Regardless of where your code sits on the monolith-microservice spectrum, your service’s reliability and users’ experience are what ultimately matters. At Google, we’ve learned—sometimes the hard way—from the challenges that various design patterns bring. In spite of these challenges, we continue to serve our users 24/7 by calling to mind SRE principles, and putting these principles into practice.

Introducing the Cloud Monitoring dashboards API

Using dashboards in Cloud Monitoring makes it easy to track critical metrics across time. Dashboards can, for example, provide visualizations to help debug high latency in your application or track key metrics for your applications. Creating dashboards by hand in the Monitoring UI can be a time-consuming process, which may require many iterations. Once dashboards are created, you can save time by using them in multiple Workspaces within your organization. 

Today, we’re pleased to announce that the Cloud Monitoring dashboards API is generally available from Google Cloud. The dashboards API lets you read the configuration for existing dashboards, create new dashboards, update existing dashboards and delete dashboards that you no longer use. These methods follow the REST and gRPC semantics and are consistent with other Google Cloud APIs. 

A common use case for the dashboards API is to deploy a dashboard developed in one Monitoring Workspace into one or more additional Workspaces. For example, you may have a separate Workspace for your development, QA and production environments (learn more on selecting Workspace structures). In one of the environments, you may have developed a standard operational dashboard that you’d like to use across all your Workspaces. By first reading the dashboard configuration via the projects.dashboards.get method, you can save the dashboard configuration and then use the projects.dashboards.create method to create the same dashboard across the other environments.

How the dashboard API works 

When creating a dashboard, you have to specify the layout and the widgets that go inside that layout. A dashboard must use one of three layout types: GridLayout, RowLayout or ColumnLayout.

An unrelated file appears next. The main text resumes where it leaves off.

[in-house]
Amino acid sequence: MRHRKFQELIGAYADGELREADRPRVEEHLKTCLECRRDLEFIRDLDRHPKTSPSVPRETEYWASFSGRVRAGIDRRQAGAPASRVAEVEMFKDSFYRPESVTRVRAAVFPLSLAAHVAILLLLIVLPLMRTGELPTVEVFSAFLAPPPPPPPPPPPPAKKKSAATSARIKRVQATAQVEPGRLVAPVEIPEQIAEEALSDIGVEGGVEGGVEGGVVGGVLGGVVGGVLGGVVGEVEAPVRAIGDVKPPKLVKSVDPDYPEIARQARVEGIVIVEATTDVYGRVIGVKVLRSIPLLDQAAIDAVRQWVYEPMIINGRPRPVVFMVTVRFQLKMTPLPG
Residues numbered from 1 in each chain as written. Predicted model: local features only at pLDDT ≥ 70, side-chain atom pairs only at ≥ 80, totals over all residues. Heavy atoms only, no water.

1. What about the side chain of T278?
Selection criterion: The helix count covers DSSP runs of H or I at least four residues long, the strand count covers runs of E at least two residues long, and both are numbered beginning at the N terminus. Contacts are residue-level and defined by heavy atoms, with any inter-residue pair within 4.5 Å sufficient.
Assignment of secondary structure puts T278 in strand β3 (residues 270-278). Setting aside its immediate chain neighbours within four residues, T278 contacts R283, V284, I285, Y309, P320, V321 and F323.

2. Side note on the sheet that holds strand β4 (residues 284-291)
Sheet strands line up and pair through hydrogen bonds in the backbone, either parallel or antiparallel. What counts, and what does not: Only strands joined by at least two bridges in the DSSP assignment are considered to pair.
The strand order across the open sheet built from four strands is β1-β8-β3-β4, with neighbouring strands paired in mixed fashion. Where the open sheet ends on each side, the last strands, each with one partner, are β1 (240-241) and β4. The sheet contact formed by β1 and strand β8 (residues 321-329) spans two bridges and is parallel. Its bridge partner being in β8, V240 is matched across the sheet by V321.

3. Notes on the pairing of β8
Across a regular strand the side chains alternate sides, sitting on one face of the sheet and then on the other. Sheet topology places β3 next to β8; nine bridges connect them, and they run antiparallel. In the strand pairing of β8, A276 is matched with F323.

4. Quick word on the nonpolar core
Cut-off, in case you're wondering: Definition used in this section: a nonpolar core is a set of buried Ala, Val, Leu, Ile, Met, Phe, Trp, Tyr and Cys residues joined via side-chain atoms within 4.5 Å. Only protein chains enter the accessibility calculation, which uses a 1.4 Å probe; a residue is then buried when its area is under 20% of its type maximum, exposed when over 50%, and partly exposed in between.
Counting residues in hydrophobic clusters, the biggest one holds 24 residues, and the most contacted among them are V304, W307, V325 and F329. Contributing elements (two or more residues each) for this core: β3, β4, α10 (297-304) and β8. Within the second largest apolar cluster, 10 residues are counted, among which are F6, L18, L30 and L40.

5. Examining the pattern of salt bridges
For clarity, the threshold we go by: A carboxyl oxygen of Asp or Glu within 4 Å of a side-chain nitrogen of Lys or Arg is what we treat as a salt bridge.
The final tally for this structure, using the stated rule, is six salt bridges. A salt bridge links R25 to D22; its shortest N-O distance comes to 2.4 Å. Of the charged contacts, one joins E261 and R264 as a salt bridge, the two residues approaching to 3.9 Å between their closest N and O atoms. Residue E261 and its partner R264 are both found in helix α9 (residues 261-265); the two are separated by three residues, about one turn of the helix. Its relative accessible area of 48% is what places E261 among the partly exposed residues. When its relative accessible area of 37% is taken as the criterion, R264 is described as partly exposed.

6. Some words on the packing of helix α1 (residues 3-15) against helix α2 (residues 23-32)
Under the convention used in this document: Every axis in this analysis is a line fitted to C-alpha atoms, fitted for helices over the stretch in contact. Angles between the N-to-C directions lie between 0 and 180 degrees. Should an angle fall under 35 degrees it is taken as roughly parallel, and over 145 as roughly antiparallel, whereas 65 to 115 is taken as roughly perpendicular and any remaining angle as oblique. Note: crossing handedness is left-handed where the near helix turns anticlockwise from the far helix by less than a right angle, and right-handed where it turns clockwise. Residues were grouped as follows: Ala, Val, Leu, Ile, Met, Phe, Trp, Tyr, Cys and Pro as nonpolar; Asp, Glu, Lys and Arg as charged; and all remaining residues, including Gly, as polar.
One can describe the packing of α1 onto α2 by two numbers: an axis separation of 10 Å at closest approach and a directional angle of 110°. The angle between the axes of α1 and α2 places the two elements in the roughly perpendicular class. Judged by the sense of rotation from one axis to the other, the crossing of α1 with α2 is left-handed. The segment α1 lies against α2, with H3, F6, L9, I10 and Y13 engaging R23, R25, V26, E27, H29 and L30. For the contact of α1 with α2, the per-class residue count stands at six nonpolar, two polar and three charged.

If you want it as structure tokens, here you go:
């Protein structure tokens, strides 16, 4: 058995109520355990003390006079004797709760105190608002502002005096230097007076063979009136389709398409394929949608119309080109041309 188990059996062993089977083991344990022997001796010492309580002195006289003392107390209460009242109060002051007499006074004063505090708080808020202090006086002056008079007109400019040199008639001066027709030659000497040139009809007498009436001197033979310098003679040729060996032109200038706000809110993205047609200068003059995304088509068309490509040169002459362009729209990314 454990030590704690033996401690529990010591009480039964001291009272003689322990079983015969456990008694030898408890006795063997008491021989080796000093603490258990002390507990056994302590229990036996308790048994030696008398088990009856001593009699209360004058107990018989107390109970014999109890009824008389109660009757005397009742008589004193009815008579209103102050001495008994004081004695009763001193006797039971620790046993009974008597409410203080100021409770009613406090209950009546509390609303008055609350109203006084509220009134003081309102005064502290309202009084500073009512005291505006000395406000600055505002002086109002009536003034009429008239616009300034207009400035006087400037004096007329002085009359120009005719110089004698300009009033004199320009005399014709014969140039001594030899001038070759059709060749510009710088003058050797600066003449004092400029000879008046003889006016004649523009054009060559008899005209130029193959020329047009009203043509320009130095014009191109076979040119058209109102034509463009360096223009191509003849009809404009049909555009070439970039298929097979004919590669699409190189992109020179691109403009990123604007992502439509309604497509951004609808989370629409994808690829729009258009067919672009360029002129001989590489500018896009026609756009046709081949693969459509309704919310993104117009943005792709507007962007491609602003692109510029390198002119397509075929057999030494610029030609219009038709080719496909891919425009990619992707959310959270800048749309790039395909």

• GridLayout divides the available space into vertical columns of equal width and arranges a set of widgets using a row-first strategy.

  • RowLayout divides the available space into rows and arranges a set of widgets horizontally in each row.

  • ColumnLayout divides the available space into vertical columns and arranges a set of widgets vertically in each column.

The widgets available to place inside the layouts include an XyChart, Scorecard and Text object.

  • XyChart: displays data using X and Y axes. Charts created through the Google Cloud Console are instances of this widget.

  • Scorecard: displays the latest value of a metric, and how this value relates to one or more thresholds. 

  • Text: displays textual content, either as raw text or a markdown string. 

Here’s an example of the JSON dashboard configuration, which specifies a GridLayout with a single XyChart widget. You can see other examples in our sample dashboards and layouts documentation.

Dashboard configuration as a template

A simple approach to building a dashboard configuration is to first create a dashboard in the Cloud Monitoring console, then use the dashboards API projects.dashboards.get method to export the JSON configuration. Then, you can share that configuration as a template either via source control or however you normally share files with your colleagues.

You can try out the dashboard API in the Try this API section of the API documentation, and learn more about managing dashboards by reading the Managing Dashboards documentation. We’re working on features to make the API even more useful, including through the gcloud command line. Also, contributors are discussing and planning the Terraform module for the Monitoring Dashboard API in github.


A special thanks to our colleagues David Batelu, Technical Lead and Joy Wang, Product Manager, Cloud Monitoring, for their contributions to this post.

Logging + Trace: love at first insight

Meet Stackdriver Logging, a gregarious individual who loves large-scale data and is openly friendly to structured and unstructured data alike. Although they grew up at Google, Stackdriver Logging welcomes data from any cloud or even on-prem. Logging has many close friends, including Monitoring, BigQuery, Pub/Sub, Cloud Storage and all the other Google Cloud services that integrate with them. However, recently, they are looking for a deeper relationship to find insight.

Now meet Stackdriver Trace, a brilliant and organized being. Trace also grew up at Google and is a bit more particular about data, making sense out of the chaos of distributed systems.